Posted: Tuesday, December 13, 2016 8:40 pm
By SAM WILSON
A Whitefish native and Montana’s lone U.S. Congressman, Republican Ryan Zinke has been tapped by President-elect Donald Trump to join the next administration’s Cabinet as Secretary of the Interior.
Zinke spokeswoman Heather Swift confirmed the news after it broke Tuesday afternoon but did not indicate whether the congressman would accept the position. Television news outlet CNN later reported that Zinke had accepted the nomination.
Zinke did not immediately respond to phone calls Tuesday.
Zinke met with the president-elect at Trump Tower in New York City on Monday. Swift says the two talked for about a half-hour and had a wide-ranging discussion about American Indian affairs, land use and land ownership.
Last month, Zinke won re-election to a second term in Congress by a wide margin over Montana’s outgoing Superintendent of Public Instruction Denise Juneau.
He will still face confirmation by the U.S. Senate before he can take office as the new interior secretary. If confirmed, the former Navy SEAL Team Six commander would be in charge of a department that administers the majority of federally owned public lands in the country.
Zinke would enforce and in part set policies for the National Park Service, the bureaus of Land Management and Indian Affairs, the U.S. Fish and Wildlife Service and several other natural resource management agencies.
Former REI chief executive and Mobil Oil engineer Sally Jewell has served as interior secretary for the Obama Administration since April of 2013.
AFTER NEWS of Trump’s latest selection broke Tuesday, environmental groups quickly issued statements offering a blend of condemnation and cautious optimism for Zinke’s appointment.
The Montana Wilderness Association stated that the Whitefish Republican has a “checkered record when it comes to public lands” but the group was encouraged by his votes opposing the transfer of federal public lands to the states.
“Should he be appointed secretary of Interior, we expect Rep. Ryan Zinke to carry Montana’s values into that role,” the organization’s executive director Brian Sybert said in a statement.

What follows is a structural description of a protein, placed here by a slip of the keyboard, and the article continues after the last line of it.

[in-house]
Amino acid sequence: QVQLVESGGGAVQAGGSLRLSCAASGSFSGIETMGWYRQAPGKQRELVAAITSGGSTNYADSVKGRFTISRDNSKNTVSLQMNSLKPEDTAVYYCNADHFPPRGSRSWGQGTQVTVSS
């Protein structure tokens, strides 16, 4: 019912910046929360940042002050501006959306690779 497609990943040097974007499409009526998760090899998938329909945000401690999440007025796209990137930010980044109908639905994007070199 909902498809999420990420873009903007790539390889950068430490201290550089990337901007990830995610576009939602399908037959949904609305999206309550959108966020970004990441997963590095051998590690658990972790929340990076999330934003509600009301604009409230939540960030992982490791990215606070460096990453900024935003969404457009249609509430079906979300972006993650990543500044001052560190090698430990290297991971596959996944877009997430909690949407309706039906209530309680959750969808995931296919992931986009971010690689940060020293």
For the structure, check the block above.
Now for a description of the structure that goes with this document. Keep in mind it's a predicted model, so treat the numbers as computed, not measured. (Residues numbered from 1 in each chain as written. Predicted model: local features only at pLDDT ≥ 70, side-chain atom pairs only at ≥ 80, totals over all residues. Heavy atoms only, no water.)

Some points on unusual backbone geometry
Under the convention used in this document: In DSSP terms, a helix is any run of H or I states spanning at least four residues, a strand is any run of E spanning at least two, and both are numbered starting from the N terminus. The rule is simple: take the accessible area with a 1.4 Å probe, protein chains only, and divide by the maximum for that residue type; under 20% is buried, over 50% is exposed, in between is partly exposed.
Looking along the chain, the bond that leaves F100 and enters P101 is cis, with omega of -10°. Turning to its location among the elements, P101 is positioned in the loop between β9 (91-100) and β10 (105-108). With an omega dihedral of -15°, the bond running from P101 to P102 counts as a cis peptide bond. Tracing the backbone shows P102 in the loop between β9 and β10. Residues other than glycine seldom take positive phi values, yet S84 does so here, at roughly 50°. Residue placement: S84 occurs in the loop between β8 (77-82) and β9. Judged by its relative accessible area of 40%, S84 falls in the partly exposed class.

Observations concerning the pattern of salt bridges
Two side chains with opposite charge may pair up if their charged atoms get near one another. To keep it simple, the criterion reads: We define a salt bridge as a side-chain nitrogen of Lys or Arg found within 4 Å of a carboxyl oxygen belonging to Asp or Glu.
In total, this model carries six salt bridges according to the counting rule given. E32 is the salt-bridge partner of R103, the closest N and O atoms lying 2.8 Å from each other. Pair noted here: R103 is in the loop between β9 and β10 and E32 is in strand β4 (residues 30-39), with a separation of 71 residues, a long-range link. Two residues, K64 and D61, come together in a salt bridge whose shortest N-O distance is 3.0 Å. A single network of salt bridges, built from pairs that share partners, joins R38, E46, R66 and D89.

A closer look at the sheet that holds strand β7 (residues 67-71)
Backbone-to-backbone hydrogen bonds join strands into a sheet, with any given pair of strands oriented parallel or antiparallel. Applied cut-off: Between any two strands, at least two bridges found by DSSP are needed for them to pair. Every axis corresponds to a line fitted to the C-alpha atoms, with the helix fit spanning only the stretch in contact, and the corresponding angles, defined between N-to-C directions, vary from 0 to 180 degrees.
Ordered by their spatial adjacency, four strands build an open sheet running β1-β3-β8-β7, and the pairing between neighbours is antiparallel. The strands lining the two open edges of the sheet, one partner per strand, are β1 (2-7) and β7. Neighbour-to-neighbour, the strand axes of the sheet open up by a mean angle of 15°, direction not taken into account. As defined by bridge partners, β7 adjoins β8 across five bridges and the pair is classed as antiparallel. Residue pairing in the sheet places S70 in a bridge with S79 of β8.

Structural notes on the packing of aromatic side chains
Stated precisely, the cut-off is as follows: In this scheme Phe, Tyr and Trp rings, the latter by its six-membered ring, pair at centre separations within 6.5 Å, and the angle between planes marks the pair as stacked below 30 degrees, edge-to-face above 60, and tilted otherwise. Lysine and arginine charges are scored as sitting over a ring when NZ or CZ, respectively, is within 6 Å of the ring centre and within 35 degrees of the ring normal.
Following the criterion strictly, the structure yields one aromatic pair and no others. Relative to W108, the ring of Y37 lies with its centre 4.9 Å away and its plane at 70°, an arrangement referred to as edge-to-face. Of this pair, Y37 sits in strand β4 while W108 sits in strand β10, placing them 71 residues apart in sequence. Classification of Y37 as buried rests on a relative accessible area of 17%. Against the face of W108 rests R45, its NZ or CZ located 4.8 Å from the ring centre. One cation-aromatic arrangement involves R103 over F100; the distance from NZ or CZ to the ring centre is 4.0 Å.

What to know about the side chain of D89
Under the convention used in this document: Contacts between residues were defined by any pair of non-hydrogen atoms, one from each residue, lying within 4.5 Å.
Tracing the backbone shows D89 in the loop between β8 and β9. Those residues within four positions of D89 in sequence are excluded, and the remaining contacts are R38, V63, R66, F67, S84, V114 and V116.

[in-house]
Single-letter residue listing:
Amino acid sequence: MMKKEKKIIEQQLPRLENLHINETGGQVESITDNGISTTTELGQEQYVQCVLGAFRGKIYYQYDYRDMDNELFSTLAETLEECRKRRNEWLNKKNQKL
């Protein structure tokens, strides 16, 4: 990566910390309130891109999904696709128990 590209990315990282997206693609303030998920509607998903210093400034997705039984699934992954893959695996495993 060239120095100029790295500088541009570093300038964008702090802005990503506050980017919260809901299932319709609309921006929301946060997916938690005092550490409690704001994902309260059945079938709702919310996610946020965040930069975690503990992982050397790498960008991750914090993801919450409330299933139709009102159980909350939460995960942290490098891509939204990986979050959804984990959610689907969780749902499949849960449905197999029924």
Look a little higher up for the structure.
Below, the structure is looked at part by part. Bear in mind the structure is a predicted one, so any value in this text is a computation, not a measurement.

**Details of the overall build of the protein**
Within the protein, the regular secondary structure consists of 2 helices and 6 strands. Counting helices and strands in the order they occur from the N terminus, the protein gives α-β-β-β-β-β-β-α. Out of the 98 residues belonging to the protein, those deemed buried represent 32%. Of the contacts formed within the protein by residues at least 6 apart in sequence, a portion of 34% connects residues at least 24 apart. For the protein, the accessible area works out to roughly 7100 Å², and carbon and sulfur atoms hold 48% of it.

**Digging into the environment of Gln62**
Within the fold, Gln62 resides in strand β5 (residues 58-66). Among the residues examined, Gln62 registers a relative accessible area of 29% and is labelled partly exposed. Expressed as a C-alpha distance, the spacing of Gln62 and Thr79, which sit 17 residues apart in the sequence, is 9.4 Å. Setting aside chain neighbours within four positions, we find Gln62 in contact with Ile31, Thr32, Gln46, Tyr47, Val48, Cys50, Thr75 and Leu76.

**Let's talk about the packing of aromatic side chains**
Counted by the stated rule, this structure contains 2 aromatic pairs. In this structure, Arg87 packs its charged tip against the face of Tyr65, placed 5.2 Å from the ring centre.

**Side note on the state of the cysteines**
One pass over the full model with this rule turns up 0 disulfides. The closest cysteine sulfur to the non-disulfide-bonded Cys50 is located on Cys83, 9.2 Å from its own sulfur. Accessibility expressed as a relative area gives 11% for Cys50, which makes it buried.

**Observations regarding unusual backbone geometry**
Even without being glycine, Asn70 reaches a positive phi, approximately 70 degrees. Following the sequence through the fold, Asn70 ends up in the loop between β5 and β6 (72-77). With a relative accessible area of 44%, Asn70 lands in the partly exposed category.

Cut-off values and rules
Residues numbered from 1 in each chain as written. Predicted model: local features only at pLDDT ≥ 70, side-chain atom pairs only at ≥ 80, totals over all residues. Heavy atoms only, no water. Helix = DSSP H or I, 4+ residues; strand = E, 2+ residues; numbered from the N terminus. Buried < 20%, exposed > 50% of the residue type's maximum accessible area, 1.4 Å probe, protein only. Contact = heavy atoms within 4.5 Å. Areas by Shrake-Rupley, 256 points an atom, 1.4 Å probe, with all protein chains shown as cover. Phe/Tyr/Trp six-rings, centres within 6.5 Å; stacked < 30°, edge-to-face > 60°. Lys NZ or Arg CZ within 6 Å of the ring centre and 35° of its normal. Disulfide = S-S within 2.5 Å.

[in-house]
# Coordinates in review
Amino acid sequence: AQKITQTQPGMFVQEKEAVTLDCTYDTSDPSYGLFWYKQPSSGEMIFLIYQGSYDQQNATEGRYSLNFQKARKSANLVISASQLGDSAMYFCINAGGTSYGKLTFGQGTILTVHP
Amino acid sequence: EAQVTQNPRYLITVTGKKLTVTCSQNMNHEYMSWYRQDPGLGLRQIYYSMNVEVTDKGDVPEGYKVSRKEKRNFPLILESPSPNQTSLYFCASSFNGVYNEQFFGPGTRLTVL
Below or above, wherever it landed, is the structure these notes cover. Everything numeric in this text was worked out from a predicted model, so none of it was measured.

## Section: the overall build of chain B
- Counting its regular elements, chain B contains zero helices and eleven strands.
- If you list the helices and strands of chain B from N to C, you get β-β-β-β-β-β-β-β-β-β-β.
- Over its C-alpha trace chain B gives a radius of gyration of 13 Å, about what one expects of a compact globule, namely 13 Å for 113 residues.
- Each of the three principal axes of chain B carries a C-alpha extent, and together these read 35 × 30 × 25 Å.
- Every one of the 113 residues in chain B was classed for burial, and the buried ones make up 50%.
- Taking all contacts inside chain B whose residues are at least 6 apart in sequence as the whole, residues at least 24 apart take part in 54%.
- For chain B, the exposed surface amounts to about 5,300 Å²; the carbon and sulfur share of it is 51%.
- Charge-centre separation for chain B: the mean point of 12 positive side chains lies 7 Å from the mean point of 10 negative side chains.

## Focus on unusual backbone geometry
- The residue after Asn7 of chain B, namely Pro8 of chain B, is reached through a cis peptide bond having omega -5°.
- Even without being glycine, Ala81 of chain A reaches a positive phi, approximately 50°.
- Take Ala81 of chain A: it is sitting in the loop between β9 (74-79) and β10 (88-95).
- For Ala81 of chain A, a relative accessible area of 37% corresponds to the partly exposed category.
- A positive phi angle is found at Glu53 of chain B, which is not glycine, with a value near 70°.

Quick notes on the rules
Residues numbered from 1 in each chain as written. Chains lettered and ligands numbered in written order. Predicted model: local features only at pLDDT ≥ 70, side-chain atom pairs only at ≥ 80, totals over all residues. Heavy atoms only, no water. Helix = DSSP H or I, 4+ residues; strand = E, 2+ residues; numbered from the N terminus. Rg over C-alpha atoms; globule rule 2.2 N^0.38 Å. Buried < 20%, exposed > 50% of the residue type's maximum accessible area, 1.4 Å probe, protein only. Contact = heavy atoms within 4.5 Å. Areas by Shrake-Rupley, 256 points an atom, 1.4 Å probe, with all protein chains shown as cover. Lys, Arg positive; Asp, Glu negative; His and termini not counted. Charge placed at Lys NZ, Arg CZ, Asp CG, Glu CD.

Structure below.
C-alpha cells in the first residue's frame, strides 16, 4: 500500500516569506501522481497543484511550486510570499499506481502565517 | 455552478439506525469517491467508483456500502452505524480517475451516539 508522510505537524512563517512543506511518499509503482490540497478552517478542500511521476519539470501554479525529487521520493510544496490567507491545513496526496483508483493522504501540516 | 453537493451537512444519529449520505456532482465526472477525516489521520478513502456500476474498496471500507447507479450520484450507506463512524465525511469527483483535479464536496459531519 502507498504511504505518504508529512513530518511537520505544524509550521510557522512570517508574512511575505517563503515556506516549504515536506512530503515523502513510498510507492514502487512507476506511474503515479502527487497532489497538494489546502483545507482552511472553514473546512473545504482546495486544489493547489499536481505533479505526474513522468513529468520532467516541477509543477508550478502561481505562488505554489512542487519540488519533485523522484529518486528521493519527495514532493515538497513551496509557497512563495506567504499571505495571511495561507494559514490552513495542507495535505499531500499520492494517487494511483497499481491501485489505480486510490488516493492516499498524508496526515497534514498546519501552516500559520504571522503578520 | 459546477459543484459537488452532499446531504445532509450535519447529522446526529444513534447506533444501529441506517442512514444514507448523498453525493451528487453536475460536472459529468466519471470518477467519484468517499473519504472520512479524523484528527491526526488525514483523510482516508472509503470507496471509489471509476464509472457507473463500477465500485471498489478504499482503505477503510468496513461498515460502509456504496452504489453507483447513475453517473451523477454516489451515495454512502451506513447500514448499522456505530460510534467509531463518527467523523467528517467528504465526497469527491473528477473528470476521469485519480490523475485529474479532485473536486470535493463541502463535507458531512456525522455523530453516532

The Western Values Project criticized Zinke’s ties to oil companies and his support for drilling on federal land, while Backcountry Hunters and Anglers praised him as “a potential ally of sportsmen and other outdoor recreationists.”
Zinke’s fellow Republican among the Treasure State’s congressional delegation, Sen. Steve Daines, issued a statement saying he “couldn’t think of a better fit for Secretary of the Interior.”
He praised the congressman’s military background and connections to the American West.
A Zinke-led Department of the Interior would also wield significant power over whether two issues of importance to the Confederated Salish and Kootenai Tribes.
Federal passage of the tribes’ water compact requires the secretary of the Interior’s approval before it can advance through the House of Representatives. Zinke would also be able to weigh in on the proposed removal of the National Bison Range from the National Wildlife Refuge System.
The tribes have long sought the return of the lands within the bison range to the Flathead Indian Reservation, and earlier this year unveiled proposed legislation to do so.
Zinke has previously said he was still weighing both issues as a Congressman, and has not explicitly indicated support for or opposition to either measure.
In a statement Tuesday night, CSKT spokesman Robert McDonald congratulated Zinke and noted his efforts to secure ratification of the water compact for the Blackfeet Nation.
“His personal focus on local control and less Washington bureaucracy is consistent with tribal self-governance and we look forward to working with him on common goals,” the statement read.
The Blackfeet’s chairman, Harry Barnes, similarly struck a congratulatory tone in a statement Tuesday.
“Rep. Zinke has worked steadfast on the Blackfeet water compact ... The Blackfeet and other Montana tribes will have an ear in the Department of the Interior ...” Barnes’ statement read.
DURING THE presidential election campaign, Zinke emerged as an early supporter of Trump, appearing with him at a campaign stop in Billings earlier this year and reaffirming his support repeatedly, despite occasionally criticizing Trump’s personal style.
In interviews with the Daily Inter Lake, Zinke called Trump a “fundamentally flawed” and “un-defendable” candidate, but cast him as preferable to the New York businessman’s general election opponent, former Secretary of State Hillary Clinton.
Zinke attracted attention in the 2014 campaign after the Bigfork Eagle quoted him calling Clinton “the antichrist” during a fundraising event.
“Do I really believe that she is the antichrist? That answer would be ‘no,’” Zinke said in a later interview with The Associated Press. “But I do get a little emotional about Benghazi, and I like the rest of America want answers.”
After graduating from Whitefish High School, Zinke enlisted the U.S. Navy, becoming a highly decorated 23-year veteran and a SEAL Team Six Commander.
Following his discharge, Zinke served one term in the Montana Senate, where he chaired the Education Committee and focused on advancing technology in the classroom, rural access to education and local control over schools.
In 2014 he won election to the House of Representatives, when he became the first Flathead County native to serve in Congress.
As a Congressman, Zinke sat on the House Natural Resources and Armed Services committees, and frequently worked on land management, homeland security and immigration issues.
In an interview with the Associated Press after his re-election last month, Zinke indicated he was considering a challenge to Sen. Jon Tester, D-Mont., who has said he plans to run again in 2018.
The Associated Press contributed to this story.
Reporter Sam Wilson can be reached at 758-4407 or by email at email@example.com.